A look back at the first year of The Present Age, Part 1
A "best of" look at the first year in business
I launched The Present Age on June 7, 2021. Since then, I have published 165 newsletters. If you’ve read any of them, I’d like to thank you for doing that. If this is your first, welcome aboard! That being said…
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This week, I’ll be sharing “best of” articles from the first year of The Present Age. Today is June through September 2021; Wednesday will be October 2021 through January 2022; Thursday will be February through May 2022.
June 14, 2021: I wrote about the way right-wing media frames criticism as “cancellation” in an attempt to make any and all criticism (from the left, at least) seem as though it’s part of some sort of sinister attempt to shut down conversation. Often, the exact opposite is true.
June 29, 2021: I wrote about a really interesting study about what type of content performs best on the internet. Turns out, it’s hate.
July 19, 2021: Someone tweeted that the Beijing Olympics had created special “anti-sex” beds made of cardboard, and a rumor took on a life of its own. I wrote about how false information spreads and eventually becomes the truth to some people.
July 26, 2021: Remember those old Holiday Inn Express ads? A guy would be dressed up like a surgeon, wrap up doing a procedure, and then say “I’m not a surgeon, but I did stay in a Holiday Inn Express last night!” That’s what a lot of COVID-19-related punditry has felt like.
August 9, 2021: The San Diego County Sheriff’s Department put out a video claiming to show an officer overdosing on fentanyl after touching it. The story spread widely but wasn’t true. This piece was about the importance of the press to apply scrutiny to things the police say to them. In the wake of the Uvalde shooting, this seems once again relevant.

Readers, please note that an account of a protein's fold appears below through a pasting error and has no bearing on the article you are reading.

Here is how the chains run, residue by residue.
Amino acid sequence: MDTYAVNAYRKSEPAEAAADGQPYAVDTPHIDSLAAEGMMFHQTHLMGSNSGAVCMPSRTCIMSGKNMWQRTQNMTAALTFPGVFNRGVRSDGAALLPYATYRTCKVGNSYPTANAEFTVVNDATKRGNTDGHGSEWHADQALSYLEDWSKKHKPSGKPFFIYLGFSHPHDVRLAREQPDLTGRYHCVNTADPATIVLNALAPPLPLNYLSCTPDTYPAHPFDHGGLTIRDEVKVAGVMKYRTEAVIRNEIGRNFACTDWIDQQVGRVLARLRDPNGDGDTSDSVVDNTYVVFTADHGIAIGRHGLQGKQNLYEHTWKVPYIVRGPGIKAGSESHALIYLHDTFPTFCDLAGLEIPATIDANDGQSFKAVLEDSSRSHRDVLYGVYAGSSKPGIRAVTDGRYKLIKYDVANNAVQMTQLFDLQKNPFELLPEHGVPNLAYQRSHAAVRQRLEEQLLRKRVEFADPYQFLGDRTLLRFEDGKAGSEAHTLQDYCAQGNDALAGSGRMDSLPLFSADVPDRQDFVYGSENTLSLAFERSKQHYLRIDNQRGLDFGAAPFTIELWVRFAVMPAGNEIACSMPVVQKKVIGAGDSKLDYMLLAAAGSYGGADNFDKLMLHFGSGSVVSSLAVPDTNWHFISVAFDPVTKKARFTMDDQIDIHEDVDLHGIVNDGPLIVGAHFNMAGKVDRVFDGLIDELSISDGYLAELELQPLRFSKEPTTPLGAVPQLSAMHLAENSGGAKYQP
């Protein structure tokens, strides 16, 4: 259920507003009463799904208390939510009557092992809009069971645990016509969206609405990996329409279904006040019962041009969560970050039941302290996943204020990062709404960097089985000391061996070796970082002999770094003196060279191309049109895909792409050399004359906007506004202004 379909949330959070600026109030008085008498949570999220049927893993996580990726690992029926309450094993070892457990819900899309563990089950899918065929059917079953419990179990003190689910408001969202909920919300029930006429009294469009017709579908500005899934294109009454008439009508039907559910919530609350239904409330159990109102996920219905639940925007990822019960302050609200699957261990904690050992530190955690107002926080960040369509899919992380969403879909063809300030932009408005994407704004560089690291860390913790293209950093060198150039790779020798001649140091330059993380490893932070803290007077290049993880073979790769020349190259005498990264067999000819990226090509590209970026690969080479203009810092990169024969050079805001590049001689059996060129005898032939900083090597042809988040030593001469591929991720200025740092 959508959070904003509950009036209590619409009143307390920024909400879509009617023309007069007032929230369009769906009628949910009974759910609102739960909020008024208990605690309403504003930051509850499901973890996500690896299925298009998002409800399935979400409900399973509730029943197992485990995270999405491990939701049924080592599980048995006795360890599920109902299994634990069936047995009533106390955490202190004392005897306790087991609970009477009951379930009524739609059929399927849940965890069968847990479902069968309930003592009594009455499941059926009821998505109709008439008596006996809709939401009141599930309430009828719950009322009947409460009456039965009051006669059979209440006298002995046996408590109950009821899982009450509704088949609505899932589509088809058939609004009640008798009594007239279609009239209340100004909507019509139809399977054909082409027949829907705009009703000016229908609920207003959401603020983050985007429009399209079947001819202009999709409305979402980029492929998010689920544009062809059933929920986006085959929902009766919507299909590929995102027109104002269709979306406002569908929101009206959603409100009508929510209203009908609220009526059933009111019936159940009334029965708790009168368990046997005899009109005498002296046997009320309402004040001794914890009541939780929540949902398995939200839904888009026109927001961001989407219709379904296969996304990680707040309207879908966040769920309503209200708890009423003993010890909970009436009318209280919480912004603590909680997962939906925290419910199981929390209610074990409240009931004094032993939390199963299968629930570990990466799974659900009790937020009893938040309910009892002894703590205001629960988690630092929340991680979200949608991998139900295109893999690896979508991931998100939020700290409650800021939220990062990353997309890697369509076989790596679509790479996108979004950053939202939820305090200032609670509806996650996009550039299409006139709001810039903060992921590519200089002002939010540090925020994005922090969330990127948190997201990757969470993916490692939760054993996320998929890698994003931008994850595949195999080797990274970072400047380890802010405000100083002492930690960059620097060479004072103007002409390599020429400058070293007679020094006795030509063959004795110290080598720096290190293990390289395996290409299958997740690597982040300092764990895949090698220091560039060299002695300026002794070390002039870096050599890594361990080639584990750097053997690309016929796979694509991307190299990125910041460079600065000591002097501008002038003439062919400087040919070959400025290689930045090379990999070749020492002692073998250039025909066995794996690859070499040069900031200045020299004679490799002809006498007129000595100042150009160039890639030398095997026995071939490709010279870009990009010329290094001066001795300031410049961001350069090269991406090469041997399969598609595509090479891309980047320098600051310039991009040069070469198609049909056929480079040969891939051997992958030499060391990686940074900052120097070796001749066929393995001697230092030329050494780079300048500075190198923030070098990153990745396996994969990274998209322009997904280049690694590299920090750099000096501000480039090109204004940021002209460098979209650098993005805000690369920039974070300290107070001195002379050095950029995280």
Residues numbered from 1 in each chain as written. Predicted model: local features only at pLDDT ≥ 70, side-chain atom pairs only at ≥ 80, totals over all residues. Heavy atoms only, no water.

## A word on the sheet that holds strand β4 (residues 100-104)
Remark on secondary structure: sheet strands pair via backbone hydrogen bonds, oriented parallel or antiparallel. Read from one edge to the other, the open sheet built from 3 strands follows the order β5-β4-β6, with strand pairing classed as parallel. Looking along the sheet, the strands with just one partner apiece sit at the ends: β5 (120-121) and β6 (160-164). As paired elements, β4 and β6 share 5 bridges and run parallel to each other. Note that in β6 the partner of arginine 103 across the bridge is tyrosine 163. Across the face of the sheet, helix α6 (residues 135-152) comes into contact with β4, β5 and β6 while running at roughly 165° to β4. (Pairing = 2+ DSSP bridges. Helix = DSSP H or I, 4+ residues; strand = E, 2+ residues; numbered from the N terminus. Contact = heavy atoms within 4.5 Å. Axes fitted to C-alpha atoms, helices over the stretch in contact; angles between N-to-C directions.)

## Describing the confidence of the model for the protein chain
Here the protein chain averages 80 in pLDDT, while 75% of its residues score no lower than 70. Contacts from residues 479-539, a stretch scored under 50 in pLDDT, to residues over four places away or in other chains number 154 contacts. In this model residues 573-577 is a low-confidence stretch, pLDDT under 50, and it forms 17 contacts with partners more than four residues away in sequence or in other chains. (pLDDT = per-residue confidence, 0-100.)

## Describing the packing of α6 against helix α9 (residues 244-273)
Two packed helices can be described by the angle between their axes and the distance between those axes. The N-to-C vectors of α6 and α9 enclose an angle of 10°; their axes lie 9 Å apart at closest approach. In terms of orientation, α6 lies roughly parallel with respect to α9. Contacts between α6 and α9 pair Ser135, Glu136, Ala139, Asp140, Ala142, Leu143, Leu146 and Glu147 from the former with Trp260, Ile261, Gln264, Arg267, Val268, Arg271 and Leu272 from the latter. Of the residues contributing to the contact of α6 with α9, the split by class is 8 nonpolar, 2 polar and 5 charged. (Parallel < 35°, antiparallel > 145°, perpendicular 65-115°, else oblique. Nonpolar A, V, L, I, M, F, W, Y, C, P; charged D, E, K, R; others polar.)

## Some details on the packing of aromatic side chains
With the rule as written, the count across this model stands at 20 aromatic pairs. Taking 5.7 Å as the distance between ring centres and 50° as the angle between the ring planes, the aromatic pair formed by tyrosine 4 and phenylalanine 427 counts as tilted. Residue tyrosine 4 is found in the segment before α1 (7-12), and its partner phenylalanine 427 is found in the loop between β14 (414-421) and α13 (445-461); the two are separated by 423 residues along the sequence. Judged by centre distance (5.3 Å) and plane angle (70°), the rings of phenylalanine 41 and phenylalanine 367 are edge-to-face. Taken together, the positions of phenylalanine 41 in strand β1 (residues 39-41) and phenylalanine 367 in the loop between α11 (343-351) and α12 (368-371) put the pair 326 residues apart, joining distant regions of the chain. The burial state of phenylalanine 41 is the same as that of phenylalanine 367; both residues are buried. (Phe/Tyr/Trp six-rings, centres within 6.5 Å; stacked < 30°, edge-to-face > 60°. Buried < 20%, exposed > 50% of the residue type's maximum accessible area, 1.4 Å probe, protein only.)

August 11, 2021: I interviewed Joe Galbo, the man behind the U.S. Consumer Product Safety Commission’s wild social media accounts. This one was a lot of fun. If you’re not following the USCPSC’s accounts, you should. I include a bunch of links in the article here.
August 30, 2021: Here, I wrote about one of the goofier traditions in hurricane reporting: the pummeling of the meteorologists. Here’s a piece that talks a little bit about the history of that sort of on-the-ground reporting, its negative effects, etc.
September 6, 2021: In a bit of media criticism, I asked why The Washington Post would interview Alex Berenson for an article about COVID-19.
September 20, 2021: Did you know that some of the opinion columnists at The New York Times have been there for more than 20 years? That’s way too long.
September 23, 2021: When Trump argued that they needed to “get rid of the ballots,” the press shrugged it off. What the press should have done was simple.
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